SNMP Commands: Get, GetNext, Set, Trap, GetBulk, and Inform

As part of the configuration of a managed device, you can also identify whether it should be configured for read access, write access, or both. If configured for read access, an NMS like HP OpenView can gather information about the device. If configured for write access, an NMS can also configure the device using SNMP commands. The choice will depend upon whether you want to use the NMS strictly for gathering information or for configuration purposes also.

The “simple” part in the Simple Network Management Protocol relates to the fact that the interactions between managed devices and an NMS aren’t terribly complex. In the original version of SNMP (SNMPv1), only four operations are possible between an NMS and a managed device. There are outlined below:

  • Get. The Get operation is used by an NMS to obtain a single piece of information from a managed device. For example, the NMS may be requesting the device’s configured name. “Get” is a read operation.
  • GetNext. The GetNext operation is issued by an NMS in order to obtain more than one piece of information from a managed device. For example, the NMS may wish to obtain both the name and system uptime of a particular device. In SNMPv1, when an NMS wants to obtain multiple pieces of information from a managed device, its only option is to issue Get and GetNext commands. “GetNext” is also a read operation.
  • Set. The Set command is used by an NMS to configure a managed device with a particular value. For example, maybe the NMS wants to configure or “set” a threshold on a managed device that tells it to alert the NMS if its CPU utilization hits 70% for a defined period of time. “Set” is a write operation.
  • Trap. A Trap operation is different that those described above, because it is initiated from a managed device. A trap message is used to alert an NMS to the fact that a threshold defined by the NMS (with the set command) has been reached, or that an error/event of some type has occurred. For example, a router may have been configured to set a trap message to an NMS when its average CPU utilization is over 70% for a period of one minute. Trap messages are said to be asynchronous, in that a managed device sends them without a request from an NMS.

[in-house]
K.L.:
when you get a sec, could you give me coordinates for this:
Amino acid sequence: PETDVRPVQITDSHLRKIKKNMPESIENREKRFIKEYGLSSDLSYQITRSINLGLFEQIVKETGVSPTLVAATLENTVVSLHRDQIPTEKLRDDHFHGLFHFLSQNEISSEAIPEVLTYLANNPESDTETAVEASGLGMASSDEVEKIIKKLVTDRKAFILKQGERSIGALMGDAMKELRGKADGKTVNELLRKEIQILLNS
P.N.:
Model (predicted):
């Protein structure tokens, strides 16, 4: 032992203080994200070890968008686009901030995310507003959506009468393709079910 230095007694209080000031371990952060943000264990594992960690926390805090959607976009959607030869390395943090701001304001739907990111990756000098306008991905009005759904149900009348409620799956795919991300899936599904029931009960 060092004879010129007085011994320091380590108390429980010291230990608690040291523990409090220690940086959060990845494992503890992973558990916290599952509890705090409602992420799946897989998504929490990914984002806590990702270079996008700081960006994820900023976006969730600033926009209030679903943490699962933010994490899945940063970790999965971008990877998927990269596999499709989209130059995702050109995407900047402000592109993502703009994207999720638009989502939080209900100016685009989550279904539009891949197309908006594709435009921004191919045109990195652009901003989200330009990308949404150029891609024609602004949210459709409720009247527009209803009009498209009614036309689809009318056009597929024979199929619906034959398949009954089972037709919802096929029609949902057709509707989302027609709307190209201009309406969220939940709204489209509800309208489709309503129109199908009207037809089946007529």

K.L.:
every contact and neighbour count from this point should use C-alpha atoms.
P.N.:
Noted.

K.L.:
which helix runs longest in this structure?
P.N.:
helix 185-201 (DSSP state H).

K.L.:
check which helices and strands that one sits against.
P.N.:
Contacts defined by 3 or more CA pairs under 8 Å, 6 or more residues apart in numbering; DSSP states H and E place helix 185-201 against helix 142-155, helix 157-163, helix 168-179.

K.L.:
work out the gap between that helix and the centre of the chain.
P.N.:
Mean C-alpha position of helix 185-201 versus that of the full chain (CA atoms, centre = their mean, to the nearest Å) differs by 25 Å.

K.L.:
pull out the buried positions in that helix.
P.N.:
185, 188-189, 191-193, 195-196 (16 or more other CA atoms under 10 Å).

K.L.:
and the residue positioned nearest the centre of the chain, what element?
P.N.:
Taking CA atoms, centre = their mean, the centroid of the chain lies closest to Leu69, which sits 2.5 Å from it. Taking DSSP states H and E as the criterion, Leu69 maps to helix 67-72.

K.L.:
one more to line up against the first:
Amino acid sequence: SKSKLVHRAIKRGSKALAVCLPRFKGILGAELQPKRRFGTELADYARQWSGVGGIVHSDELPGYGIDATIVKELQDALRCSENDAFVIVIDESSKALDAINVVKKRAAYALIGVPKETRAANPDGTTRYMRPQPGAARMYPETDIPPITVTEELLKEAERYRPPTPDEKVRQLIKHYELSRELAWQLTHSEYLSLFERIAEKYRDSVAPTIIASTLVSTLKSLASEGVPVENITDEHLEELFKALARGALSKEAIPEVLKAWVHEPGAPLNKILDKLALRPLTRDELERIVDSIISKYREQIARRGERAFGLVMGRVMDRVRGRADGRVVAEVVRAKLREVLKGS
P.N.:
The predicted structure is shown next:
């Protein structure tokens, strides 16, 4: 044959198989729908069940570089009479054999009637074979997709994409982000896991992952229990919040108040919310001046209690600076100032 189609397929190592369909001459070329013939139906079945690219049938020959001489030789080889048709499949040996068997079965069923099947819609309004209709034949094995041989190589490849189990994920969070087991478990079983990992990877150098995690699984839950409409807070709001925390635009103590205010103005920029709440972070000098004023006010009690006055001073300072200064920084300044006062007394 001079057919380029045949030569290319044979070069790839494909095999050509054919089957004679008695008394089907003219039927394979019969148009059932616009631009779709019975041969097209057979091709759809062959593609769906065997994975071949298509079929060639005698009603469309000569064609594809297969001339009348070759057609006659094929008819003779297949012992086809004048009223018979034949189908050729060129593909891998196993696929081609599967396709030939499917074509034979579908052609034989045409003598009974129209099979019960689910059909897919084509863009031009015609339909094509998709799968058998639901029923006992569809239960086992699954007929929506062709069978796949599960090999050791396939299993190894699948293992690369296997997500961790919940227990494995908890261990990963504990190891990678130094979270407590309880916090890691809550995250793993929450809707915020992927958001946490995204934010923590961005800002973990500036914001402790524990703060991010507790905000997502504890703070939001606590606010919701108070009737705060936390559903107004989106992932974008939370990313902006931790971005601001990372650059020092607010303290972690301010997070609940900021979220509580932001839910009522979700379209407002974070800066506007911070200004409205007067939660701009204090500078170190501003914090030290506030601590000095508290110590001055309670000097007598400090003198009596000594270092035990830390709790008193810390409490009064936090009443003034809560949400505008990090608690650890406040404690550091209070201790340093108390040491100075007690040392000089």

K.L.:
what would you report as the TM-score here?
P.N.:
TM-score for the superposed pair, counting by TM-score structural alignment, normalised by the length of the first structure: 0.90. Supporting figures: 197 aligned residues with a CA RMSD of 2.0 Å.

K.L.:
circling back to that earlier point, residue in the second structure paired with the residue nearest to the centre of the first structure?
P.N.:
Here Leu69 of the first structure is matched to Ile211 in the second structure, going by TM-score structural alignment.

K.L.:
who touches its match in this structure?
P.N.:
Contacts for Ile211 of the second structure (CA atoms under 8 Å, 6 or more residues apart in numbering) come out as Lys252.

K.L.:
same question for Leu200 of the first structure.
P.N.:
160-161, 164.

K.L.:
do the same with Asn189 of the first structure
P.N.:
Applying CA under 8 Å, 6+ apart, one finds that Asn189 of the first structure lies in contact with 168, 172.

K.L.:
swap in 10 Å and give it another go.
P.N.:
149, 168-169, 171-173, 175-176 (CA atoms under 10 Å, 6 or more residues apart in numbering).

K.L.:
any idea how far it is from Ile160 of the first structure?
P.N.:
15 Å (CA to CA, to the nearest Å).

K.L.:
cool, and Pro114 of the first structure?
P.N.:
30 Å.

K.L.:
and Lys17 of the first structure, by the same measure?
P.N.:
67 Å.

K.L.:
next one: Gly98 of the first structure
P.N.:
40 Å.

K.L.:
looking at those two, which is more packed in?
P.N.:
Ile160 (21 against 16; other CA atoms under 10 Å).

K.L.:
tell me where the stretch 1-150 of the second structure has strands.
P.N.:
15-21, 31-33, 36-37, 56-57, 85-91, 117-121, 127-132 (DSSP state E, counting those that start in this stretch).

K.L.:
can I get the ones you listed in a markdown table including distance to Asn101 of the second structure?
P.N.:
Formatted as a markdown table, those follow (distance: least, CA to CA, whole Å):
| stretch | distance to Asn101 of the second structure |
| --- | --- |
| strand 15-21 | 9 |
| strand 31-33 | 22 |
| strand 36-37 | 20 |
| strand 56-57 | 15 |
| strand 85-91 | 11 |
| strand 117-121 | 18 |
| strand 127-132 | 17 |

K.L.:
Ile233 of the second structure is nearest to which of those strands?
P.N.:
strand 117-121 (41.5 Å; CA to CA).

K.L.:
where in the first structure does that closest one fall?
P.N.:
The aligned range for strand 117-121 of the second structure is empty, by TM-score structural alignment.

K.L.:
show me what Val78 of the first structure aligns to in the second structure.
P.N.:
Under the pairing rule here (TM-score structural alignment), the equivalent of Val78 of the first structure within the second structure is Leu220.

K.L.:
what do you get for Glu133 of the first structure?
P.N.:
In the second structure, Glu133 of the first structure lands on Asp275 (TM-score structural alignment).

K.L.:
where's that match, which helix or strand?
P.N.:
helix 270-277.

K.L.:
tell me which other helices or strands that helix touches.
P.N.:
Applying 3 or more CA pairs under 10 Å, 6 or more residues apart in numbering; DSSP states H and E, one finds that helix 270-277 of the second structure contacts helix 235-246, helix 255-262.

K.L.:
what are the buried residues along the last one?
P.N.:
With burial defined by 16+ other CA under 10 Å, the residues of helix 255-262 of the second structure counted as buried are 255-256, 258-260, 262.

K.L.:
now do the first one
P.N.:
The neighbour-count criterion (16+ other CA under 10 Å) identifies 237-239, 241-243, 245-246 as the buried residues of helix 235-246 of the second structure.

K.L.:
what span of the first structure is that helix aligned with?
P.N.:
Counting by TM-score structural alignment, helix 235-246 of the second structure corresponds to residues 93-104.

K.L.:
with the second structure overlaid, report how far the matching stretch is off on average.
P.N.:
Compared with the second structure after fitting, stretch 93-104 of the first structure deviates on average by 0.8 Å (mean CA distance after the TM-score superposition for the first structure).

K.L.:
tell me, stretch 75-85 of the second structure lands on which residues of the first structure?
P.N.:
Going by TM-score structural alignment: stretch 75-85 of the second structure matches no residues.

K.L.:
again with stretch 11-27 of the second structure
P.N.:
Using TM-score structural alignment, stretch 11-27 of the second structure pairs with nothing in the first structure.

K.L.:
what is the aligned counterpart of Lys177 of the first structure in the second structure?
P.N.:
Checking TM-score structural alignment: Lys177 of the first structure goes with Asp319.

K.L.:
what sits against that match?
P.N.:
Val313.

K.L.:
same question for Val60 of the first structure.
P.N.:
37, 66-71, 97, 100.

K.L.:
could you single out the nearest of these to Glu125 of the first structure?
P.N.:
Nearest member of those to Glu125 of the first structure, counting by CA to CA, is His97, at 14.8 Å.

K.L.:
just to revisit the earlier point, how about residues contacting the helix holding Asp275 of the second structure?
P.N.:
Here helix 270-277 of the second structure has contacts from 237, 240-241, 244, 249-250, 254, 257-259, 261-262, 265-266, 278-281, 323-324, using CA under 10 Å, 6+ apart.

SNMPv2 introduced two additional SNMP commands:

  • GetBulk. The GetBulk operation was implemented to allow NMSs to obtain multiple pieces of information from a managed device in a single request. It’s important to note that this command is not supported on devices using SNMPv1. “GetBulk” is a read command.
  • Inform. The Inform operation allows an NMS to forward trap information to other NMSs.

As mentioned earlier, SNMP was designed to use UDP as its transport protocol. This is part of what helps make SNMP “lightweight”, since the session establishment overhead associated with TCP is avoided. When an NMS wants to configure a managed device or gather information from it, it will make a request to that device, destined for UDP port 161. As with most exchanges in the world of TCP/IP, the source port will usually be chosen dynamically.

Perhaps the most important feature of SNMP from a monitoring perspective is the ability of a managed device to send trap messages to an NMS asynchronously. In other words, when an error occurs on a device, or when one of the thresholds previously “set” by the NMS is reached, the managed device will automatically send a trap message to its configured NMS. Trap messages from a managed device are sent to UDP port 162 on the NMS.

Author: Dan DiNicolo

Dan DiNicolo is a freelance author, consultant, trainer, and the managing editor of He is the author of the CCNA Study Guide found on this site, as well as many books including the PC Magazine titles Windows XP Security Solutions and Windows Vista Security Solutions. Click here to contact Dan.